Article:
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I know Jeff Buxton had a spectacularly successful career as a high school coach and there is no doubt he knows wrestling. But isn't it odd that a high school coach is now coaching what is essentially a group of professionals wrestling internationally.

 

I don't think you'd see a high school coach hired to coach in the NBA or the NFL, at least not without coaching a few years in college first.

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I know Jeff Buxton had a spectacularly successful career as a high school coach and there is no doubt he knows wrestling. But isn't it odd that a high school coach is now coaching what is essentially a group of professionals wrestling internationally.

 

I don't think you'd see a high school coach hired to coach in the NBA or the NFL, at least not without coaching a few years in college first.

He's a great technical coach.

 

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I know Jeff Buxton had a spectacularly successful career as a high school coach and there is no doubt he knows wrestling. But isn't it odd that a high school coach is now coaching what is essentially a group of professionals wrestling internationally.

 

I don't think you'd see a high school coach hired to coach in the NBA or the NFL, at least not without coaching a few years in college first.

He isn't a high school coach. He is a professional/SR level coach.

 

 

Steve Bush was hired away from a high school to join the Dolphins Staff. And in 2009, 20 percent of the 610 coaches in the NFL started their careers at the high school level.

http://www.washingtonpost.com/wp-dyn/content/article/2009/08/23/AR2009082301432.html

 

 

There aren't nearly as many full-time professional (international) and college jobs in wrestling as their are in football and basketball and as a result, there are MANY wrestling coaches in the high school (or youth club) ranks that could be leading college and international athletes.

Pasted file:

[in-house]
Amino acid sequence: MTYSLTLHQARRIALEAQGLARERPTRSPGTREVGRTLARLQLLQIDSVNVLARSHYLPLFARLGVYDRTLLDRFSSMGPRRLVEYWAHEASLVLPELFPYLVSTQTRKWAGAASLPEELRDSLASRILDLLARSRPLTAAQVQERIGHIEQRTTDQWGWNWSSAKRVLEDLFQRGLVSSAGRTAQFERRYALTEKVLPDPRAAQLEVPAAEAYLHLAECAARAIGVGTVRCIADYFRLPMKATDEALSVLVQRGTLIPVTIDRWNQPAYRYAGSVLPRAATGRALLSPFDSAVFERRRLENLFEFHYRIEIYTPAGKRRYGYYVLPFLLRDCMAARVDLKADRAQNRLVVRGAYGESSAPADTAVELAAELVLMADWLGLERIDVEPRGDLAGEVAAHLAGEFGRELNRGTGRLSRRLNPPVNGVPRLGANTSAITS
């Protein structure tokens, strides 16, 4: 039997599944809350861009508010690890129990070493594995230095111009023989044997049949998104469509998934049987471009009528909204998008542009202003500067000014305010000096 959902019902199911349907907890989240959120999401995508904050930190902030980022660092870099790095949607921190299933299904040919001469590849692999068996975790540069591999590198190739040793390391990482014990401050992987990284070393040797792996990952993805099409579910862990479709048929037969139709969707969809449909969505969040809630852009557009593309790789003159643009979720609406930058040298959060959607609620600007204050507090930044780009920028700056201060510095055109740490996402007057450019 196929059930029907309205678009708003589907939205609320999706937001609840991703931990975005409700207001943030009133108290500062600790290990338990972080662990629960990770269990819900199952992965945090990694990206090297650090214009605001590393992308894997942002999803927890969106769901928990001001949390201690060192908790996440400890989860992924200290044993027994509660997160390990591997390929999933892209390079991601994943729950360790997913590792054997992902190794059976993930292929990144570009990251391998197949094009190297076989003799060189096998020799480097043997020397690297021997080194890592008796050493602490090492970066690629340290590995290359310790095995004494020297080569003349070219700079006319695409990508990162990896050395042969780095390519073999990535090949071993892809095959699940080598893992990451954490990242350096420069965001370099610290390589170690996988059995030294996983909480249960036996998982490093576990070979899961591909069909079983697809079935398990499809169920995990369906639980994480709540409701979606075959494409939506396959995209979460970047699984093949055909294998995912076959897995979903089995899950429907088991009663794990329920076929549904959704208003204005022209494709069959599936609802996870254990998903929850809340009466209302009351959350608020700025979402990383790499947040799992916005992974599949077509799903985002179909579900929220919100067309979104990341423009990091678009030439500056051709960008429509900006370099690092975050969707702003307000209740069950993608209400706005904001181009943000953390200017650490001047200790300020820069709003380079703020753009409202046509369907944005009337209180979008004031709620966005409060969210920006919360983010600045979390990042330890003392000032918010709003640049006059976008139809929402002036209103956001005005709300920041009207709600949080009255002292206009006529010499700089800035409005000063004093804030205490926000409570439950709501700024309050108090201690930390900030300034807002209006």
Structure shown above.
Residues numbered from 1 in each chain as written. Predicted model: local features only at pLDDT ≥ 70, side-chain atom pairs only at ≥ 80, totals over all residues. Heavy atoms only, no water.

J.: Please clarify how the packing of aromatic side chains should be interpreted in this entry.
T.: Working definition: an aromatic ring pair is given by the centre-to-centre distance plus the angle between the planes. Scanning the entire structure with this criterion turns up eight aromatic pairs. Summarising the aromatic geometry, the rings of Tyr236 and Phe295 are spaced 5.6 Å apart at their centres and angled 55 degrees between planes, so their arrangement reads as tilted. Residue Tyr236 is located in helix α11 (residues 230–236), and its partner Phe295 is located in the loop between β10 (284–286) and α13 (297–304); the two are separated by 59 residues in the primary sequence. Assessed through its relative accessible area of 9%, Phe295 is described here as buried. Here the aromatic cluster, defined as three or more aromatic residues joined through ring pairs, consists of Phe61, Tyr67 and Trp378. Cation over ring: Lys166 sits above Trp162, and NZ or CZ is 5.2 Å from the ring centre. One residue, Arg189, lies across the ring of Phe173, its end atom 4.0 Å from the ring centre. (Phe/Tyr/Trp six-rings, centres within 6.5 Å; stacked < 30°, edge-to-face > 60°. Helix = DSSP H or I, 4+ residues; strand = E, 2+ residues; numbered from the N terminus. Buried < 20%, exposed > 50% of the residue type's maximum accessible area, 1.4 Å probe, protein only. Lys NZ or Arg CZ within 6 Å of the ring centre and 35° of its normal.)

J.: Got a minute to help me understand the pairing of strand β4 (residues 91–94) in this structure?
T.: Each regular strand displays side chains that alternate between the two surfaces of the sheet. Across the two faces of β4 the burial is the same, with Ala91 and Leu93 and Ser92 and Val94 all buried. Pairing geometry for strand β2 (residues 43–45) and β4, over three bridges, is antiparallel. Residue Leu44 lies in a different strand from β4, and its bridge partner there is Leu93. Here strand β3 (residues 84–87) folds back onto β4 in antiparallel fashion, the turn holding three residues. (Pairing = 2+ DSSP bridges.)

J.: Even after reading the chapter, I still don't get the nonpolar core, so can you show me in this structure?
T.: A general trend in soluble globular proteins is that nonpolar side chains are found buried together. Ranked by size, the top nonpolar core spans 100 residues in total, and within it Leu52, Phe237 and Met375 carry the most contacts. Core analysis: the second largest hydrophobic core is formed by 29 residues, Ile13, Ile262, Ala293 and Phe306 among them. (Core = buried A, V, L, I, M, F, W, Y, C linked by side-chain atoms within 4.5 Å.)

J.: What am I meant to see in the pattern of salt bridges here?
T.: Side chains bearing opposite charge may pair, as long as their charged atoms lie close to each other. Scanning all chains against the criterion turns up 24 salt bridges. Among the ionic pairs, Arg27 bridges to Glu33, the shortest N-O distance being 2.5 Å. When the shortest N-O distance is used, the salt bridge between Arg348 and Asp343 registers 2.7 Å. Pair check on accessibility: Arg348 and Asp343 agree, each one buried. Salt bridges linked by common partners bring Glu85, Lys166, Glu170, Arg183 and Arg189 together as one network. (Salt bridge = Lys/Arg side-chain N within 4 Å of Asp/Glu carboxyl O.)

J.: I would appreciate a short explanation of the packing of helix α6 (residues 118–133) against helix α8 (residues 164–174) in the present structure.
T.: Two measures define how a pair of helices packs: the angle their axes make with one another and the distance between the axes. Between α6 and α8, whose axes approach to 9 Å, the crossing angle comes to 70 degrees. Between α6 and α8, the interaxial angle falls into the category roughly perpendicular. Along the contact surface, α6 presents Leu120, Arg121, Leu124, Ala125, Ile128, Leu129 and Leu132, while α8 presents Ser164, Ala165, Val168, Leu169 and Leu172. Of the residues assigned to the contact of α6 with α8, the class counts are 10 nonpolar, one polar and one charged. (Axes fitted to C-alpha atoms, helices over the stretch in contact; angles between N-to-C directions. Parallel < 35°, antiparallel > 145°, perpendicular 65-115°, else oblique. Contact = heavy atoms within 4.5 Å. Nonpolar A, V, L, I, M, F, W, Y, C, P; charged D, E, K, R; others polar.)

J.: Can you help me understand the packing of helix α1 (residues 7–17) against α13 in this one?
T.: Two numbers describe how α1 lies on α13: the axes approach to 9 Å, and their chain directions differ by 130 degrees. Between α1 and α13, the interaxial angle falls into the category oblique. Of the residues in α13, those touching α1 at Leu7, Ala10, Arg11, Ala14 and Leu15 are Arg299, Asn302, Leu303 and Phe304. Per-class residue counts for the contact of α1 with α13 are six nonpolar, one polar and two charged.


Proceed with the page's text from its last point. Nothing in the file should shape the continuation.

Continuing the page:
"Sometimes the best high school coaches make the best college coaches (Kevin Scarbinsky)"

http://www.al.com/sports/index.ssf/2014/01/sometimes_the_best_high_school.html

Edited by Pinnum

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I think we've all met wrestlers who have great credentials who are terrible coaches--can't explain anything, can't motivate anyone, no concept of organization, think that everyone should just be able to do what they do/did without being taught, cannot relate to anyone not like themselves.  How many NFL, NBA, or MLB coaches were superstars in their respective sports?  (And I know, wrestling is different, but the general concept I think remains consistent.)  The greatest coaches I worked with were not World or Olympic champs, some not even national champs.

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As pointed out he was hardly "just another HS coach". He also had those kids wrestle the internal styles. He would also coach the grads at the Senior level tournaments. And on and on. Interesting story, after Gallick graduated his mom would often corner him. She was really good.

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I think we've all met wrestlers who have great credentials who are terrible coaches--can't explain anything, can't motivate anyone, no concept of organization, think that everyone should just be able to do what they do/did without being taught, cannot relate to anyone not like themselves. How many NFL, NBA, or MLB coaches were superstars in their respective sports? (And I know, wrestling is different, but the general concept I think remains consistent.) The greatest coaches I worked with were not World or Olympic champs, some not even national champs.

Team sports have schemes. A lot of the best position coaches dealing with individual techniques were good competitor's in those sports. And even with that Phil Jackson, Steve Kerr, Tony La Russa and Joe Torre all played at the highest level.

 

The NFL/NBA and MLB are all revenue sports. The athletes are making good money from competing so when they are done competing they can retire or have the capital to persue opportunities outside of coaching their sport so they have less top level competitor's trying to coach.

 

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